Aasiya Noreen is under sentence of death for taking a drink of water from an old cup on a hot day, and saying something she had been taught to believe, to some other women who had been taught that it was something that should not be believed and should not be said.

For a drink of water, for fantastic rumors about “Jesus” and “Muhammad”, lives ruined and lost.   

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Aasiya Noreen

*Aasiya Noreen is usually called “Asia Bibi” in press reports. “Bibi” simply means “woman”.

Bargaining with Pakistan 5

What did the Pakistani government, military, and intelligence service know in advance about the American plan to get Osama bin Laden?

In a speculative article, N.M.Guariglia at PajamasMedia raises many pertinent questions, and makes an impressively plausible case that they all knew such a raid was to happen. He suggests why one or two of the three powerful parties, on certain conditions, agreed to let it be carried out without interference.

Did Pakistan know about the raid that killed Osama bin Laden? …

While American politicians wonder whether the Pakistanis were aware of OBL’s hideout — of course they were — al-Qaeda is currently wondering whether the Pakistanis were aware that SEAL Team 6 was on its way to kill their leader. If destroying the rest of al-Qaeda’s hierarchy is the goal, perhaps that is the more immediate question. Perhaps some in Pakistan knew of the hideout, some knew of the operation, and some knew of both. …

What happened from the time we located OBL’s courier and the Abbottabad compound in August 2010 to the night of the raid? Did we not once share this intelligence with someone in Pakistan during these nine months? During the 2008 presidential campaign, Obama stated he would intervene in Pakistan to catch OBL if the Pakistanis did not act. Such a policy required waiting to see whether or not the Pakistanis would act.

We knew Abbottabad was a military town. Pakistan’s prestigious military academy is located just yards away from OBL’s compound. In fact, U.S. forces were stationed there in October 2008 (and possibly another time or two). This remarkable WikiLeaks revelation has been lost on most of the American media. One can only imagine OBL smirking from his balcony, sipping tea while observing joint U.S.-Pakistani military training. He was right under our nose — or, more precisely, we were right under his.

Why would we unnecessarily jeopardize the mission and risk a firefight with the Pakistanis without knowing for certain that we might not have to? What if the Pakistanis thought they were under attack from India? That could have sparked a nuclear exchange between the two rivals. …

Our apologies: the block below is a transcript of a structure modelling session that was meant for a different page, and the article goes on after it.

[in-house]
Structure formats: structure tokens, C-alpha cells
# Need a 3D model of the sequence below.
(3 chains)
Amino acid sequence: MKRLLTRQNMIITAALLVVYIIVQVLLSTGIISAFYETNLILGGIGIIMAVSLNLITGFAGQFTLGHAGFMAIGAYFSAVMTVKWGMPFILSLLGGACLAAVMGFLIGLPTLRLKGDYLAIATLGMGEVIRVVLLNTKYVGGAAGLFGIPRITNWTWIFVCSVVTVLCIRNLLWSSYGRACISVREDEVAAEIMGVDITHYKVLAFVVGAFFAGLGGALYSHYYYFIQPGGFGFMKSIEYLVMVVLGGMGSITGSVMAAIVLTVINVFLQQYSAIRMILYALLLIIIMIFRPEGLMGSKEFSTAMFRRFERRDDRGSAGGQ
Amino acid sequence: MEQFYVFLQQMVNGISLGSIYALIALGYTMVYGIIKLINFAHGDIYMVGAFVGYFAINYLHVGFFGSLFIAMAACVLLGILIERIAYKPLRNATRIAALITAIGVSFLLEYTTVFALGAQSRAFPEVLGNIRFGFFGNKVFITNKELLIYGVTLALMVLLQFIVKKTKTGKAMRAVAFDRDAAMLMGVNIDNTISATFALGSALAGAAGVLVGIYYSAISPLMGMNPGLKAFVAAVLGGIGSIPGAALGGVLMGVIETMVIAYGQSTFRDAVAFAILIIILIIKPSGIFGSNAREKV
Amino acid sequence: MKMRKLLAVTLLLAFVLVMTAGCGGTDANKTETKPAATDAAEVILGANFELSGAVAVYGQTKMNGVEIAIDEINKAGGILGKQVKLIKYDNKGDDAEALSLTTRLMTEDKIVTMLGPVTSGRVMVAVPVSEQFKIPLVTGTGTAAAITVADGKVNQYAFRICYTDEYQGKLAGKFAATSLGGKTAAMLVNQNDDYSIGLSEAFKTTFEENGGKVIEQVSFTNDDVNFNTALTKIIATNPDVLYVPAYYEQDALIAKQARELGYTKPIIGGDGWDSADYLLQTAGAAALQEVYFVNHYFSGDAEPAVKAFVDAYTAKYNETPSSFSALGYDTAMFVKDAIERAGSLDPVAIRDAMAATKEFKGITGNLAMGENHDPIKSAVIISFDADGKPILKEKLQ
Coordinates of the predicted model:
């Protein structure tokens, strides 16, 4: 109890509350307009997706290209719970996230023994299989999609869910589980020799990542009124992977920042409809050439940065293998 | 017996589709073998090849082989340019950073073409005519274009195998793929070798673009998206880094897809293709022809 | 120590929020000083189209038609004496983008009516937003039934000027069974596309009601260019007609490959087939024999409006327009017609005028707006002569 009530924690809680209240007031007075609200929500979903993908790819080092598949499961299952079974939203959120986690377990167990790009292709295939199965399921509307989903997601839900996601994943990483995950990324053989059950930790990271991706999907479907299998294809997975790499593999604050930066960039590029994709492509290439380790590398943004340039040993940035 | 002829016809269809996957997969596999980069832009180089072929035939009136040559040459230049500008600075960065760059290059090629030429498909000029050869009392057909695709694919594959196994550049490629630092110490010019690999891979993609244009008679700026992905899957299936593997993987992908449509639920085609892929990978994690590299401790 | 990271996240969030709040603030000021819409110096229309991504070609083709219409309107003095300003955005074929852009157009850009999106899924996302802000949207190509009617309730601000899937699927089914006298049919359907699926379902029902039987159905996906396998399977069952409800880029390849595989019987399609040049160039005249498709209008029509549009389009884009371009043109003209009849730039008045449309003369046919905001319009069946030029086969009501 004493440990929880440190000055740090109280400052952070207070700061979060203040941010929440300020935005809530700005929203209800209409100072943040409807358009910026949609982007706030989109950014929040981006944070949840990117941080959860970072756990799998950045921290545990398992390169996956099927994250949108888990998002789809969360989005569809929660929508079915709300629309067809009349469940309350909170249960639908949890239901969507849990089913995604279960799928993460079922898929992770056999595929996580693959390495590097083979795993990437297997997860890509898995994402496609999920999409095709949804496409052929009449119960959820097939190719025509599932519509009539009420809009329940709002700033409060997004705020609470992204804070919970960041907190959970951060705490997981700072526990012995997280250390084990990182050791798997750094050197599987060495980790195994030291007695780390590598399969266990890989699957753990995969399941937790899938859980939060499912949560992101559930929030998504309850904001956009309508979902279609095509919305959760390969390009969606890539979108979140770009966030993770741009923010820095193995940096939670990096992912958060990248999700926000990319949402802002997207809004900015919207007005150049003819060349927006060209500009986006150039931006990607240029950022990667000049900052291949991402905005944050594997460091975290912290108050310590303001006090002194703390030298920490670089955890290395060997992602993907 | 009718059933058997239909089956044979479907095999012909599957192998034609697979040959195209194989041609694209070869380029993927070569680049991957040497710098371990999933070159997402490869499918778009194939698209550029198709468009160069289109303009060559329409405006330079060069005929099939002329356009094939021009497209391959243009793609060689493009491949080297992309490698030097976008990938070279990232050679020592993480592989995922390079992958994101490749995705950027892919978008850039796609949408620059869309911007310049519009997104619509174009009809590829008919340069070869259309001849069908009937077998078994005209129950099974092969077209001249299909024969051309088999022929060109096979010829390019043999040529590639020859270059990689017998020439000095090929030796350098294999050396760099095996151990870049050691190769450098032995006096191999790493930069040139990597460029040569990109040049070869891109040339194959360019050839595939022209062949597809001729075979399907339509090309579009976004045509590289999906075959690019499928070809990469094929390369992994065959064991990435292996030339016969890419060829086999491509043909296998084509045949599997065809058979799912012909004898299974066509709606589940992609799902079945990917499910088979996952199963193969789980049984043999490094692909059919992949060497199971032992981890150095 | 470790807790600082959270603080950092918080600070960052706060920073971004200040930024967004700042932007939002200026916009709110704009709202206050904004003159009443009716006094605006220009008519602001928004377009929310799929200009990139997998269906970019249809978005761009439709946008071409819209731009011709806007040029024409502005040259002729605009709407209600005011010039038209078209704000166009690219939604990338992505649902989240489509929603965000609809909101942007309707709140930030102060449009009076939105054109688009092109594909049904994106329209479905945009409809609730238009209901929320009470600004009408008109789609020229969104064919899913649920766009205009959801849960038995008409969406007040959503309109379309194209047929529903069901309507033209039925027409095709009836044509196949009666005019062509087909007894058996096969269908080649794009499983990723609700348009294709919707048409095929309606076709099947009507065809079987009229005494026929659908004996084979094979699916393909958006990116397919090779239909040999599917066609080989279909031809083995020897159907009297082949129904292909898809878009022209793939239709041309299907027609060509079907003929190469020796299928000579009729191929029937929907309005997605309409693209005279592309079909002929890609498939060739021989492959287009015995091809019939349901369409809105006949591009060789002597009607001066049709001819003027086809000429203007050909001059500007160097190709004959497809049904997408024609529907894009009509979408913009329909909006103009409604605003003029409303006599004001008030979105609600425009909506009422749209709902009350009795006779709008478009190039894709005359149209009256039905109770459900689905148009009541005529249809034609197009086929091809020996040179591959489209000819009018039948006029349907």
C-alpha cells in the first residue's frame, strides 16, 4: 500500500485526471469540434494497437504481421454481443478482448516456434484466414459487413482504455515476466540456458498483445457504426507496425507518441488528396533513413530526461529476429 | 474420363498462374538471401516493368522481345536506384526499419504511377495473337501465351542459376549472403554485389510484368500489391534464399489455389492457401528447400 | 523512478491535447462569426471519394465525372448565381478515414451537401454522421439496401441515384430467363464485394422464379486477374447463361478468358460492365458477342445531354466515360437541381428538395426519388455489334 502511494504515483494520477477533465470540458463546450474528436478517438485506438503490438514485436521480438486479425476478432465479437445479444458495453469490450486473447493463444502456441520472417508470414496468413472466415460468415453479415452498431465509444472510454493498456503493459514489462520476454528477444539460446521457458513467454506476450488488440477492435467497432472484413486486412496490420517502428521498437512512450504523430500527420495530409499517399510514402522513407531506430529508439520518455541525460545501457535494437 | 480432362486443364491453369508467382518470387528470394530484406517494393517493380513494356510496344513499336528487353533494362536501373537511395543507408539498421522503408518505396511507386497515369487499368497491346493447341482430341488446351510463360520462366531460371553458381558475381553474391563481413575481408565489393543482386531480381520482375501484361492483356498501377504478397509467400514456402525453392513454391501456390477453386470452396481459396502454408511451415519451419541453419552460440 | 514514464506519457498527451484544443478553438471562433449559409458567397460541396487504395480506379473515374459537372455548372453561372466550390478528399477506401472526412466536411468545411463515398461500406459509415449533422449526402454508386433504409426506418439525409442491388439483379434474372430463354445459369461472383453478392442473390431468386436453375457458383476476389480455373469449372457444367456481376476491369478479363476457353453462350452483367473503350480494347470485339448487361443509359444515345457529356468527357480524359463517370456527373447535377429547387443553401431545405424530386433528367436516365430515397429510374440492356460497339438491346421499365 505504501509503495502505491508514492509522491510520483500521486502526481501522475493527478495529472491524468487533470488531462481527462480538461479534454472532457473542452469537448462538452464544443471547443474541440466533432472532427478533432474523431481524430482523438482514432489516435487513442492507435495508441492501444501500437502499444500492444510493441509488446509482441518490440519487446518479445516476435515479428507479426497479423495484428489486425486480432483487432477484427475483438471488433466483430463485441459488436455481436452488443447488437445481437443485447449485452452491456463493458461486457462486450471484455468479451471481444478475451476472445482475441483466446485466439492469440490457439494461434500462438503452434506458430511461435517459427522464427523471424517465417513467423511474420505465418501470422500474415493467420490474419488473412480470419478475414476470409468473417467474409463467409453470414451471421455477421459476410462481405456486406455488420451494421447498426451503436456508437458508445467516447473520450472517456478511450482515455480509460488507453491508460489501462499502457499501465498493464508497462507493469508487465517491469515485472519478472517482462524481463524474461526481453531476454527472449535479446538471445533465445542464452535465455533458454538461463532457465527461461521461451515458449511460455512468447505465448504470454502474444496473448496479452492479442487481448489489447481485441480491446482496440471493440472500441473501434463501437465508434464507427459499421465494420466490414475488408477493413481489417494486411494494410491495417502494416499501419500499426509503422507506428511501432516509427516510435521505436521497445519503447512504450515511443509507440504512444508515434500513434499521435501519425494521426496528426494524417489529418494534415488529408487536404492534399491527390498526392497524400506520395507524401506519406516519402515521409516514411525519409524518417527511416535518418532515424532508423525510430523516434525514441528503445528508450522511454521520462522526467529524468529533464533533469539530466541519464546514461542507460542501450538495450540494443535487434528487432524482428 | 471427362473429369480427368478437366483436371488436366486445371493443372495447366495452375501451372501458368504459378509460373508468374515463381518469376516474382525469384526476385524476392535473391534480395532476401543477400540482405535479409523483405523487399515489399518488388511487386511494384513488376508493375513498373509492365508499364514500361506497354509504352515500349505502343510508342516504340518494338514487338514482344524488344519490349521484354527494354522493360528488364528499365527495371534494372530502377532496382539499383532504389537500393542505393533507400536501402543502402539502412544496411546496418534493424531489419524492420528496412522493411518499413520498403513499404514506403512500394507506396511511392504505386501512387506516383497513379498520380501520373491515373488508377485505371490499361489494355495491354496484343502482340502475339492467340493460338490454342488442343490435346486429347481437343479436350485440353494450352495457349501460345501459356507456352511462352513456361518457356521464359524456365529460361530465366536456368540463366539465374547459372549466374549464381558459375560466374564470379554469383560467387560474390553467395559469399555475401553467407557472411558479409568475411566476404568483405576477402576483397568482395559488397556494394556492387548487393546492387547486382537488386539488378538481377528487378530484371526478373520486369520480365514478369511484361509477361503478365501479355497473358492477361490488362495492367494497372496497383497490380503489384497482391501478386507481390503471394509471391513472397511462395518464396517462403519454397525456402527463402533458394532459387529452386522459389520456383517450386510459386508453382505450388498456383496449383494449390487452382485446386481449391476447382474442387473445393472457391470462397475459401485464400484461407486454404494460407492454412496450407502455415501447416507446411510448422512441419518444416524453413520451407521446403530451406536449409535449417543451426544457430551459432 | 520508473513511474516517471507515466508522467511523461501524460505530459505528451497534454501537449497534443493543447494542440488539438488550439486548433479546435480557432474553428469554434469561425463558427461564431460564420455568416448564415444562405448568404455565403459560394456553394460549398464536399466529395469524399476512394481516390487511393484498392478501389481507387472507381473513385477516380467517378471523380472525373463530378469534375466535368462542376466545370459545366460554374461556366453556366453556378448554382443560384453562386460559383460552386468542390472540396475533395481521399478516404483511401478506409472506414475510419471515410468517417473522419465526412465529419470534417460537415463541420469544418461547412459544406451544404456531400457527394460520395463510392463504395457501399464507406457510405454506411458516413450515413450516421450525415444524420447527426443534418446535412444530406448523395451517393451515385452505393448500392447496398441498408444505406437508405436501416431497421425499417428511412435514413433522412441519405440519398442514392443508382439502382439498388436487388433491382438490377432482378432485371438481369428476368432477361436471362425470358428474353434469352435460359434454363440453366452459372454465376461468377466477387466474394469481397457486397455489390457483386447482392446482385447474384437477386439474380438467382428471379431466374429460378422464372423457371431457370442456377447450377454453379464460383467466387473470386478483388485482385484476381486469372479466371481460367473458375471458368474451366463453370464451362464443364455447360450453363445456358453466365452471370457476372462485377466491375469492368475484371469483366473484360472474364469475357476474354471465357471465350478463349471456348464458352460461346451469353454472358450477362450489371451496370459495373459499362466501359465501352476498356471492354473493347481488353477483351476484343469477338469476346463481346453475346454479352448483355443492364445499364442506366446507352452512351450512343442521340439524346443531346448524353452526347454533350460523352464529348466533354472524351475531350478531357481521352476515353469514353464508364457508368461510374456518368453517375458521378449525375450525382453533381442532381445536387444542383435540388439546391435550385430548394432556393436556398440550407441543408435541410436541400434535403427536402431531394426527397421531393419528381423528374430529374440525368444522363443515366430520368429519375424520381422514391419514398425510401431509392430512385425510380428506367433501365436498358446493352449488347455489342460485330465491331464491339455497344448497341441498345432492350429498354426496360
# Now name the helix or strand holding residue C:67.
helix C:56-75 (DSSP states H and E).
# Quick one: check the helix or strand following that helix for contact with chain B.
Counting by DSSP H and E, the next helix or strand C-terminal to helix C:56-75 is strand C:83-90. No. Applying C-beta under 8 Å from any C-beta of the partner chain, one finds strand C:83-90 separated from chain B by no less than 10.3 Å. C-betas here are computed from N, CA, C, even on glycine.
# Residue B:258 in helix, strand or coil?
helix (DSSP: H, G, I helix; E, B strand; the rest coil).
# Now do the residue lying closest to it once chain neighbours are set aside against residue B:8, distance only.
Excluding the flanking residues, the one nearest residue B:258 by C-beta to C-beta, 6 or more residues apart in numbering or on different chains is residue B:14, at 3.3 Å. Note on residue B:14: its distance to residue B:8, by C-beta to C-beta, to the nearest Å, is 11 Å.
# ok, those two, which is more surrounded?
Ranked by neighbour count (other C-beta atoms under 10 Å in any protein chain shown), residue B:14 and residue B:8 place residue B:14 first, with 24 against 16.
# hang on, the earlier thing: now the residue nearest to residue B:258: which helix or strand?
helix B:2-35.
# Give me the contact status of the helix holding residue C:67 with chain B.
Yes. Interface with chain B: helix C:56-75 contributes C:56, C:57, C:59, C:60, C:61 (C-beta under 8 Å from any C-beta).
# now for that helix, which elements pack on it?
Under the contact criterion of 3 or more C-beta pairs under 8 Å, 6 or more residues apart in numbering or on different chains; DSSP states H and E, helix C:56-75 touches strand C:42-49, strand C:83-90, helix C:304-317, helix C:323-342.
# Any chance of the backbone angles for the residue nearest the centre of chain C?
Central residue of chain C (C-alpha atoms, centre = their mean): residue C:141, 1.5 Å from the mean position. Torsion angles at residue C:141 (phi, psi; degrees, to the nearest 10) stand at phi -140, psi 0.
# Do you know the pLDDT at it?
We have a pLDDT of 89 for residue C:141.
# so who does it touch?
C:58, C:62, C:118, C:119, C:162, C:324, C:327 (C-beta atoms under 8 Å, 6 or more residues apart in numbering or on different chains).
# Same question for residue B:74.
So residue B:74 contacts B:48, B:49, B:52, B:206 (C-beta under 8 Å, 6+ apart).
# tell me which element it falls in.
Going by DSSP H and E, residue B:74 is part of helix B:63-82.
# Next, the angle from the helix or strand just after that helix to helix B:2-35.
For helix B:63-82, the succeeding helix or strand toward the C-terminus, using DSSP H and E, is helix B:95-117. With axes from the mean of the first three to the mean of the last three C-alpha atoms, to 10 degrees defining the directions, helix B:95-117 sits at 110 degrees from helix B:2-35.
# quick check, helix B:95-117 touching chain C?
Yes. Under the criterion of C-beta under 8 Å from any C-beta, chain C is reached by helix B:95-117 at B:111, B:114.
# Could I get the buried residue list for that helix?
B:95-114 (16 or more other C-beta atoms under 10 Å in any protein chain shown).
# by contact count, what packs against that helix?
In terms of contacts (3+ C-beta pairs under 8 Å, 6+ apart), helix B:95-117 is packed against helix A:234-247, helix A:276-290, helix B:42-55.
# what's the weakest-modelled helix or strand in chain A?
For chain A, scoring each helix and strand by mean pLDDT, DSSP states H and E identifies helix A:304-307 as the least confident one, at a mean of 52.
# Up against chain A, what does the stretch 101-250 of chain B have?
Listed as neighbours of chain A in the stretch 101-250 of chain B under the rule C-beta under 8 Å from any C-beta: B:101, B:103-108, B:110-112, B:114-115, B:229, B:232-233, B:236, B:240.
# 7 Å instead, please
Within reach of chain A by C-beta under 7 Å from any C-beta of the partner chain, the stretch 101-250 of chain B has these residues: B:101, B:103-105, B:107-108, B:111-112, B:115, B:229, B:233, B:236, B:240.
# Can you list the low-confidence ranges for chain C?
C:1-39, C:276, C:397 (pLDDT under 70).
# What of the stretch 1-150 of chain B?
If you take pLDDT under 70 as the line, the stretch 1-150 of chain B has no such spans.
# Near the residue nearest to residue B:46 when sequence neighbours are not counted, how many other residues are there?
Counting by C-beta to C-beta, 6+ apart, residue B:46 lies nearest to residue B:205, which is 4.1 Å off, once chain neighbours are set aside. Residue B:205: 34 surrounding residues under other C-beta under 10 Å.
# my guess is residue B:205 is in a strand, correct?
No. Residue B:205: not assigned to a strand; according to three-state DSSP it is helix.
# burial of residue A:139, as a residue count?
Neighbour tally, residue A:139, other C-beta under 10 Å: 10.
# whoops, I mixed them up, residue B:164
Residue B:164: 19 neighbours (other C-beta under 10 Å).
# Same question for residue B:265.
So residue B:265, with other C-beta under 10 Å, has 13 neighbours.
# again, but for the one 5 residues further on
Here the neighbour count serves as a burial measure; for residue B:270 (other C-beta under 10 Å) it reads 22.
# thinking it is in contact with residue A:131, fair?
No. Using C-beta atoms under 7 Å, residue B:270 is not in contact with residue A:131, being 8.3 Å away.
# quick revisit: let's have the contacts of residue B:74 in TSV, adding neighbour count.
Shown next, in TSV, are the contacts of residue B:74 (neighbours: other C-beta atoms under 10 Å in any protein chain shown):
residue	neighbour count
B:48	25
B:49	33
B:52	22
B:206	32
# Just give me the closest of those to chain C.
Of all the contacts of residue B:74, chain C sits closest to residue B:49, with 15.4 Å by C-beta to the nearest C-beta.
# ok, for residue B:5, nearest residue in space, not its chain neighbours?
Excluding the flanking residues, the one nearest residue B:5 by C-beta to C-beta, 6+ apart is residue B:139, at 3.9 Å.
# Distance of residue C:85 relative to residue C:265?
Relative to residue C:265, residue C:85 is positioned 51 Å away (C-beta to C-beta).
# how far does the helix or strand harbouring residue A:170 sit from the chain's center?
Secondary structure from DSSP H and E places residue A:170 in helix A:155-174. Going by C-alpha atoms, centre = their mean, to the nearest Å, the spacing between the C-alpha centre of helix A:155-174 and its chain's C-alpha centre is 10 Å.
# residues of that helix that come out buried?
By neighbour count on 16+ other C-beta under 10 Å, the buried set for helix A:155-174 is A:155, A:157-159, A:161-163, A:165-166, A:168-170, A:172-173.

Some other questions linger. Does this year’s arrest of Bali bomber Umar Patek, also caught in Abbottabad, have anything to do with anything? What about Pakistan’s arrest and eventual release of CIA agent Raymond Davis in March? For months prior to the raid, CIA operatives had a safe house in Abbottabad to spy on OBL. Who knew of this? And why are we revealing the nature of the intelligence we collected at the compound? As for the raid, what was the nature of the firefight? We were first told it was a 40-minute battle and OBL was the last to be killed. Now we are told the only resistance came from the courier living in the guest house, not OBL’s villa. We were first told OBL had a gun in hand. Now we are told he was “reaching” for a weapon. How does it take that long to reach for a weapon? What happened during the 20-25 minute blackout on the operation’s video stream? Why didn’t we take OBL’s wife with us? Why do at least two of the other three men killed during the raid seem to have been shot in the back of the head?

This suggests an execution. The two men that were shot in the back of the head were OBL’s son and another chap, and the guy shot regular-style was the courier in the guest house who engaged the SEALs with gunfire. Was it that we captured these two men but didn’t have enough room to take them with us due to the downed stealth chopper — so we killed them? Does this mean OBL was executed, as well — as his wife claims? … Wouldn’t we prefer to take OBL alive, if we could? That is, of course, unless an arrangement had been made prior to the operation whereby OBL’s death was mandatory.

In many ways, Pakistan is three countries in one. There is the civilian government, the military, and the mysterious intelligence service, the ISI. Each party is suspicious of the other, has divided loyalties within, and collaborates with one against the other … By all accounts, the two most powerful men in the country are Gen. Ashfaq Kayani, head of the Pakistani Army, and Lt. Gen. Ahmed Pasha, head of the ISI. President Zardari is subordinate to the men with the guns.

It stands to reason that at least one of these men, probably two, knew of OBL’s hideout. And at least one, probably two, knew of the U.S. operation to kill OBL. …

Lt. Gen. Pasha met with CIA Director Panetta on April 11 and Gen. David Petraeus, who is set to take over the CIA, met with Gen. Kayani on April 25.

One piece of information, if true, makes it obvious that the military expected the raid to take place:

Abbottabad residents are saying the Pakistani military secured and cordoned off the site on the night of the raid, visiting the homes of civilians and asking them to turn their lights off. …

And, almost certainly, it would have been “impossible for U.S. helicopters to fly to the compound without the knowledge of the Pakistani military”.